Phew what a scorcher!

IAN SAVAGE

Hononary University Fellow

 

The summer of 2018 is going to be remembered as a good summer by many, or a bit of a killer by a few. By those of us who are concerned about our planet it is yet another canary falling of its perch warning us of the need for climate action today.

Perhaps in time the Met Office Hadley Centre for Climate Change will look at 2018 as becoming the new example year, taking over from 2003 which had previously been an example of a normal UK summer by 2040. However this prediction assumes the medium emissions scenario, which at the moment looks very optimistic.

According to the Met Office more than 20,000 people died after a record-breaking heatwave left Europe sweltering in August 2003. If we compare the summer of 2003 with 2018 using the recently published 1961 – 1990 Anomaly Mean Temperature maps, we see that 2018 heat covered a greater proportion of the UK and is regarded jointly the hottest year since 1910 along with 2006, 2003, and 1976 and is therefore likely to cause a similar number of fatalities as 2003.

During 2003, 2,045 heat-related deaths were recorded in the UK, approximately 900 above average.

With rising temperatures and a growing and ageing population, the Committee on Climate Change (CCC) has said this number is projected to increase by two-thirds by the 2020.  .

The effects of heat or the inability to control the temperature have both direct and indirect effects on human health. The most important direct ailments are disorders causing minor alterations or augmentation of respiratory, kidney, or digestive system diseases. The collapse of the ability of the individual’s body to regulate its temperature through the blood stream or by sweating is one of the most commonly reported effects leading to discomfort and death, in extreme cases.

In response to increased risks perceived by the CCC in its 2017 Report to Parliament, it states that:

There are as yet no policies in place to begin to adapt the built environment and existing buildings for increasing temperatures and heatwaves. A lack of relevant standards means new developments, including hospitals and care homes, will add to the number of buildings that overheat in warmer weather

The Environment Agency (EA) has published the second National Adaptation Programme (NAP), which sets the actions that government and others will take to adapt to the challenges of climate change in the UK. The risks associated with heat have increased and action is required now to mitigate the risks associated with health and wellbeing from high temperatures.

The Environmental Audit Committee are currently considering risks to health, wellbeing and productivity associated with heatwaves and are reviewing the level of UK resilience to them and assessing the Government’s actions to date. The Committee is also examining public health risks associated with higher temperatures as well as heatwaves.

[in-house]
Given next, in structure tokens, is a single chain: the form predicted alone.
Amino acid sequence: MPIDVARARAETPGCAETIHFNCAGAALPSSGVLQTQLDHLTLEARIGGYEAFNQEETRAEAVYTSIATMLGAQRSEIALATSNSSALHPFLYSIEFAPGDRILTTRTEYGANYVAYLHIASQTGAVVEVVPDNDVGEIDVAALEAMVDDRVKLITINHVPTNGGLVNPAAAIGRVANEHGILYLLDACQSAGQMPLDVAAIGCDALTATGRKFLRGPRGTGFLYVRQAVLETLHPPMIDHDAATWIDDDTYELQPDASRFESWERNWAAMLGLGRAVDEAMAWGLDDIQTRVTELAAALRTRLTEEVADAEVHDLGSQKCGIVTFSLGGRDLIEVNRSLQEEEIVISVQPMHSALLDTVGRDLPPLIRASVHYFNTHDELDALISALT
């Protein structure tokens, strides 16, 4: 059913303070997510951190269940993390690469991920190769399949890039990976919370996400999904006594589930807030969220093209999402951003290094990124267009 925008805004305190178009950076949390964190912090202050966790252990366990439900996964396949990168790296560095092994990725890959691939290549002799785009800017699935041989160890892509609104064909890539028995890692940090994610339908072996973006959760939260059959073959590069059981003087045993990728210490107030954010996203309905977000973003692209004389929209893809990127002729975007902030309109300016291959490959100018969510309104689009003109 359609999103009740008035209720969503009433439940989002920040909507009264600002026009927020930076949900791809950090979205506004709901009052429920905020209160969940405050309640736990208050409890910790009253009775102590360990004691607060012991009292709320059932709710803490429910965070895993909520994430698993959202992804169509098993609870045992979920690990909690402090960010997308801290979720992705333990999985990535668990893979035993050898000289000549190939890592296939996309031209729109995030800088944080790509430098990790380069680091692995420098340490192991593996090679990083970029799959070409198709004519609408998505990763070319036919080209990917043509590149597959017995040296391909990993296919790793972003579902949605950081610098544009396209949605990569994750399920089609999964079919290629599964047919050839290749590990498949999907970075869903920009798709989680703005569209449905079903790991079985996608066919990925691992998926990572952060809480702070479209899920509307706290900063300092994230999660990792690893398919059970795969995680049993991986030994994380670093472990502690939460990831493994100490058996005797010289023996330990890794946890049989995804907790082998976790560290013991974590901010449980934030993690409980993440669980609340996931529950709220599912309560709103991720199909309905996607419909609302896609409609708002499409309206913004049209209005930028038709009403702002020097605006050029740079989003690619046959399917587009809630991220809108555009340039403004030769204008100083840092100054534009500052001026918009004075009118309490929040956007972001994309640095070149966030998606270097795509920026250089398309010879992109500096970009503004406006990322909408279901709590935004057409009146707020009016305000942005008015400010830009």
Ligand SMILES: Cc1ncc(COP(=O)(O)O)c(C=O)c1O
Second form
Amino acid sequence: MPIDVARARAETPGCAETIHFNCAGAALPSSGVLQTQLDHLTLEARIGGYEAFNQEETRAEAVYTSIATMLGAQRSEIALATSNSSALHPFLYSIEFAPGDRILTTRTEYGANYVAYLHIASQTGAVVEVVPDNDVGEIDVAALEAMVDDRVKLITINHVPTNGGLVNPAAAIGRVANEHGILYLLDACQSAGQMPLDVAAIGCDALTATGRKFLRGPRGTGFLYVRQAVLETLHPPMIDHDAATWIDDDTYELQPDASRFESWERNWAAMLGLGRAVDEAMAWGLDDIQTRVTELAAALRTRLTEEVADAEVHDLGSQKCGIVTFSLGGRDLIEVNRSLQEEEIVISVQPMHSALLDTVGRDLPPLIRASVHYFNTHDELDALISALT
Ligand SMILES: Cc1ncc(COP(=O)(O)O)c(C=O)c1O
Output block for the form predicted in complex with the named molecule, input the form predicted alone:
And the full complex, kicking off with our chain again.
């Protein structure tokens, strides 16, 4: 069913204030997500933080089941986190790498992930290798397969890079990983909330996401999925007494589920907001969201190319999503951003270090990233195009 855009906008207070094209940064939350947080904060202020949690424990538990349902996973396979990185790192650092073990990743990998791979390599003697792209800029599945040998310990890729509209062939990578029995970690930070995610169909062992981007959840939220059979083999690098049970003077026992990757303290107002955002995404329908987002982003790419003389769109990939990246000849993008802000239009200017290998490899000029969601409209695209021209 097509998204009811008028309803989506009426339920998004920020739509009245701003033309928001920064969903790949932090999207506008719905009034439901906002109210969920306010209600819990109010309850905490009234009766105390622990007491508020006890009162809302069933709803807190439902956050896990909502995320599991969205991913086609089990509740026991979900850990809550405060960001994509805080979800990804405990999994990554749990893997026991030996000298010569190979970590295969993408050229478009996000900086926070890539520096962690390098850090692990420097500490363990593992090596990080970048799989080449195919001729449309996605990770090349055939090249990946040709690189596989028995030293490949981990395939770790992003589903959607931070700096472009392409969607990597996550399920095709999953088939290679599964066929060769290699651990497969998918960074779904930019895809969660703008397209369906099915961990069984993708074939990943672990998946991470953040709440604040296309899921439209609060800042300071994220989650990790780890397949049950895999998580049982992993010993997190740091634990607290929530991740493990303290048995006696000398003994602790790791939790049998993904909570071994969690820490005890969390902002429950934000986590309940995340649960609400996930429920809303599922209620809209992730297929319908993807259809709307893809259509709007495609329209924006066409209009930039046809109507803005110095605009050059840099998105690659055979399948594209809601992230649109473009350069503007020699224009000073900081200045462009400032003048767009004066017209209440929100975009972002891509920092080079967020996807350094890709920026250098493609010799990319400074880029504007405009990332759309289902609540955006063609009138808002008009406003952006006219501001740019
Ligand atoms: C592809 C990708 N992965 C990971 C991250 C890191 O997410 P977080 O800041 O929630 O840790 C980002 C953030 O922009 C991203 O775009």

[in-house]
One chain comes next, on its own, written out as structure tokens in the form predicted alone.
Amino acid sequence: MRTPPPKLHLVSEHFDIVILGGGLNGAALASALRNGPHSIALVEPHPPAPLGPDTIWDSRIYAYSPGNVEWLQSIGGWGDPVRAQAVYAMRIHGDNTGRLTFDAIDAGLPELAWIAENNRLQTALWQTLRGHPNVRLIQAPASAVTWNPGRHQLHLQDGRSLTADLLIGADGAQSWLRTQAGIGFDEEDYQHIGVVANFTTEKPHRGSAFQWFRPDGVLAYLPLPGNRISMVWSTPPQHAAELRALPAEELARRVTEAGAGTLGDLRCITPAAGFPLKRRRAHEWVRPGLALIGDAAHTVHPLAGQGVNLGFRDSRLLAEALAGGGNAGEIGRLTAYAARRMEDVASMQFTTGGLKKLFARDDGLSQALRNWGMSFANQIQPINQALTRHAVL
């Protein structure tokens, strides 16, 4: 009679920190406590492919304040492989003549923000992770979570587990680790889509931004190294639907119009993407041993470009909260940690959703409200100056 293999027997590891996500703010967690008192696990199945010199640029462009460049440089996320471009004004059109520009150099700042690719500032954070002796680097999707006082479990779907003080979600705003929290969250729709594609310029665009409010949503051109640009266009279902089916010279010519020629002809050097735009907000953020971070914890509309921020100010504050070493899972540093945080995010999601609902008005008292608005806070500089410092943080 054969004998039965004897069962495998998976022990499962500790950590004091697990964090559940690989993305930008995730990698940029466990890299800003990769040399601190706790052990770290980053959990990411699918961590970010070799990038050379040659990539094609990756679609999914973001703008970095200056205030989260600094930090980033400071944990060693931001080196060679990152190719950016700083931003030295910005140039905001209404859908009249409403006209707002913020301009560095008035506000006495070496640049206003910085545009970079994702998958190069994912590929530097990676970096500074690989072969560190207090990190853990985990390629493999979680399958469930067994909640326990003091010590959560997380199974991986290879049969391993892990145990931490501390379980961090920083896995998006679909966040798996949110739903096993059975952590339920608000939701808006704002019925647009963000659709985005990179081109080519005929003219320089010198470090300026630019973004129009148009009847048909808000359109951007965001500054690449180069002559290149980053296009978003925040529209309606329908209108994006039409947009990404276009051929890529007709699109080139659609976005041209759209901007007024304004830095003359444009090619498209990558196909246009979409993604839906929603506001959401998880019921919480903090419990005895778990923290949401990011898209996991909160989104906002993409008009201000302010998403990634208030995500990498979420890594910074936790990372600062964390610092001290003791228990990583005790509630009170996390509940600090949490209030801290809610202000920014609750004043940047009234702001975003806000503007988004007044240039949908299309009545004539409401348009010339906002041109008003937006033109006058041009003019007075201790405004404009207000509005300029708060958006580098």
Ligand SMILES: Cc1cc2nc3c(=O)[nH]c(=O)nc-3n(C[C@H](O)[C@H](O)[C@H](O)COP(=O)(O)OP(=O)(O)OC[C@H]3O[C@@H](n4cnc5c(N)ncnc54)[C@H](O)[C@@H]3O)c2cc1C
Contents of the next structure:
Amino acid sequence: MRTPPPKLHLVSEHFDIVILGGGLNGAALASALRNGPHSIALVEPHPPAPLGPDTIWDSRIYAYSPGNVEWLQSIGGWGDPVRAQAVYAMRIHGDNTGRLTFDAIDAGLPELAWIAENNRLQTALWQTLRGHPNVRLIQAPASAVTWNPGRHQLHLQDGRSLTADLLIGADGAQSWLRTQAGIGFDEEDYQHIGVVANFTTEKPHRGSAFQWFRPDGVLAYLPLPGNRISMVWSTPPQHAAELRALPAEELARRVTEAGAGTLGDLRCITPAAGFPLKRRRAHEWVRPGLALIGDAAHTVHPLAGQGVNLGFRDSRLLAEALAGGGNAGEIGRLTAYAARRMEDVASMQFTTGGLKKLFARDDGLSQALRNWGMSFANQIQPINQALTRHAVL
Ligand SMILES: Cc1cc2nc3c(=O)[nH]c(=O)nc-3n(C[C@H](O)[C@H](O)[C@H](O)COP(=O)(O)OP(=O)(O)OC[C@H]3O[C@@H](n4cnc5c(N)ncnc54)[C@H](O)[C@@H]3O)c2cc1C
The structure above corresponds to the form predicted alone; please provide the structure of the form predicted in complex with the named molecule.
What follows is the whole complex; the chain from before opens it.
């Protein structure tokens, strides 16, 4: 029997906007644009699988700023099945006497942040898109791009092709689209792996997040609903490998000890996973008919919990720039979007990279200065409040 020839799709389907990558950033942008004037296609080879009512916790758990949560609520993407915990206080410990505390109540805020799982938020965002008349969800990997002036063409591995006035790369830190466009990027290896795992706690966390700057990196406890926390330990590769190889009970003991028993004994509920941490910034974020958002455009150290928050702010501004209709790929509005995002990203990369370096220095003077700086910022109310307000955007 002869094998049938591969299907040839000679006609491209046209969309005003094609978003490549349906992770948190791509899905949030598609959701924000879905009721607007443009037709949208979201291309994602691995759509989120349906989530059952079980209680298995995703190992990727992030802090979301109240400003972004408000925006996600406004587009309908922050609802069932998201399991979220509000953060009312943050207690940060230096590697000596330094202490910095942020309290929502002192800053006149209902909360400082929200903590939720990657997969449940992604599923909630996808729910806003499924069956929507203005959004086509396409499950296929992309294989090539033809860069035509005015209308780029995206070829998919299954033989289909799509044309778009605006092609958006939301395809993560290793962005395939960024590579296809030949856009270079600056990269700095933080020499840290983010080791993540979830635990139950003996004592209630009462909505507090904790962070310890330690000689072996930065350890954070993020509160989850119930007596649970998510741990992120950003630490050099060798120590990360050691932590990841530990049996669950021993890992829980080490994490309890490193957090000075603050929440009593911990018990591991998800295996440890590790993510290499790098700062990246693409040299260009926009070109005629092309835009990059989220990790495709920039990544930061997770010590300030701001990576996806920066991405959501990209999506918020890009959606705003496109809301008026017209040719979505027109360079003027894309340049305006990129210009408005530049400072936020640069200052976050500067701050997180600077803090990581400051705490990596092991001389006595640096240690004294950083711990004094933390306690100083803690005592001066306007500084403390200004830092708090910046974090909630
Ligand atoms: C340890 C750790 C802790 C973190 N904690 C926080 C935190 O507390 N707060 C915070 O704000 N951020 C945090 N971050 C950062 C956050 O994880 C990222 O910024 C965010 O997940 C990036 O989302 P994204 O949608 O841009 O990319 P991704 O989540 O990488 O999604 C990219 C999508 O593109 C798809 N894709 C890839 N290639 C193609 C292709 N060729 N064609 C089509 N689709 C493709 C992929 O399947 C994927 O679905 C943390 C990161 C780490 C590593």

It is welcome that the wheels of the UK government are beginning to rotate and start to look at the issue of climate adaption from a thermal perspective. Changeable weather is not new to the UK but the frequency and range of this change is likely to increase with many everyday essential parts of the UK infrastructure at or beyond their design capability.

During June 2018 Devon News stated that delays were being experienced on trains in the South West due to engineers painting the tracks white to prevent them from overheating. We should note that the rail network has had an extensive programme of tree clearance to prevent leaves on the track which, has only now been . However miles of track have been lost of natural shade.

In the built environment we see a similar picture of not looking at the issue as a whole, for example.

Therefore buildings need to evolve, adapt and develop strategies to protect themselves from the changes in the climate at a rate and scale proportionate to the increased prevalence of extreme weather such as heatwaves.

These climate change adaption measures have to be in alignment with the significant reductions required in energy and carbon used by the built environment and simply using more energy or larger powered equipment is not the way forward. Climate adaption measures needs to be seen from a “no more energy” resources point of view.

Personally I hope 2018 will be seen as a catalyst year when we start to understand the risks and weaknesses in the UK infrastructure and the built environment and start to do something about it.

 

Met Office UK actual and anomaly maps: (https://www.metoffice.gov.uk/climate/uk/summaries/anomacts)

 

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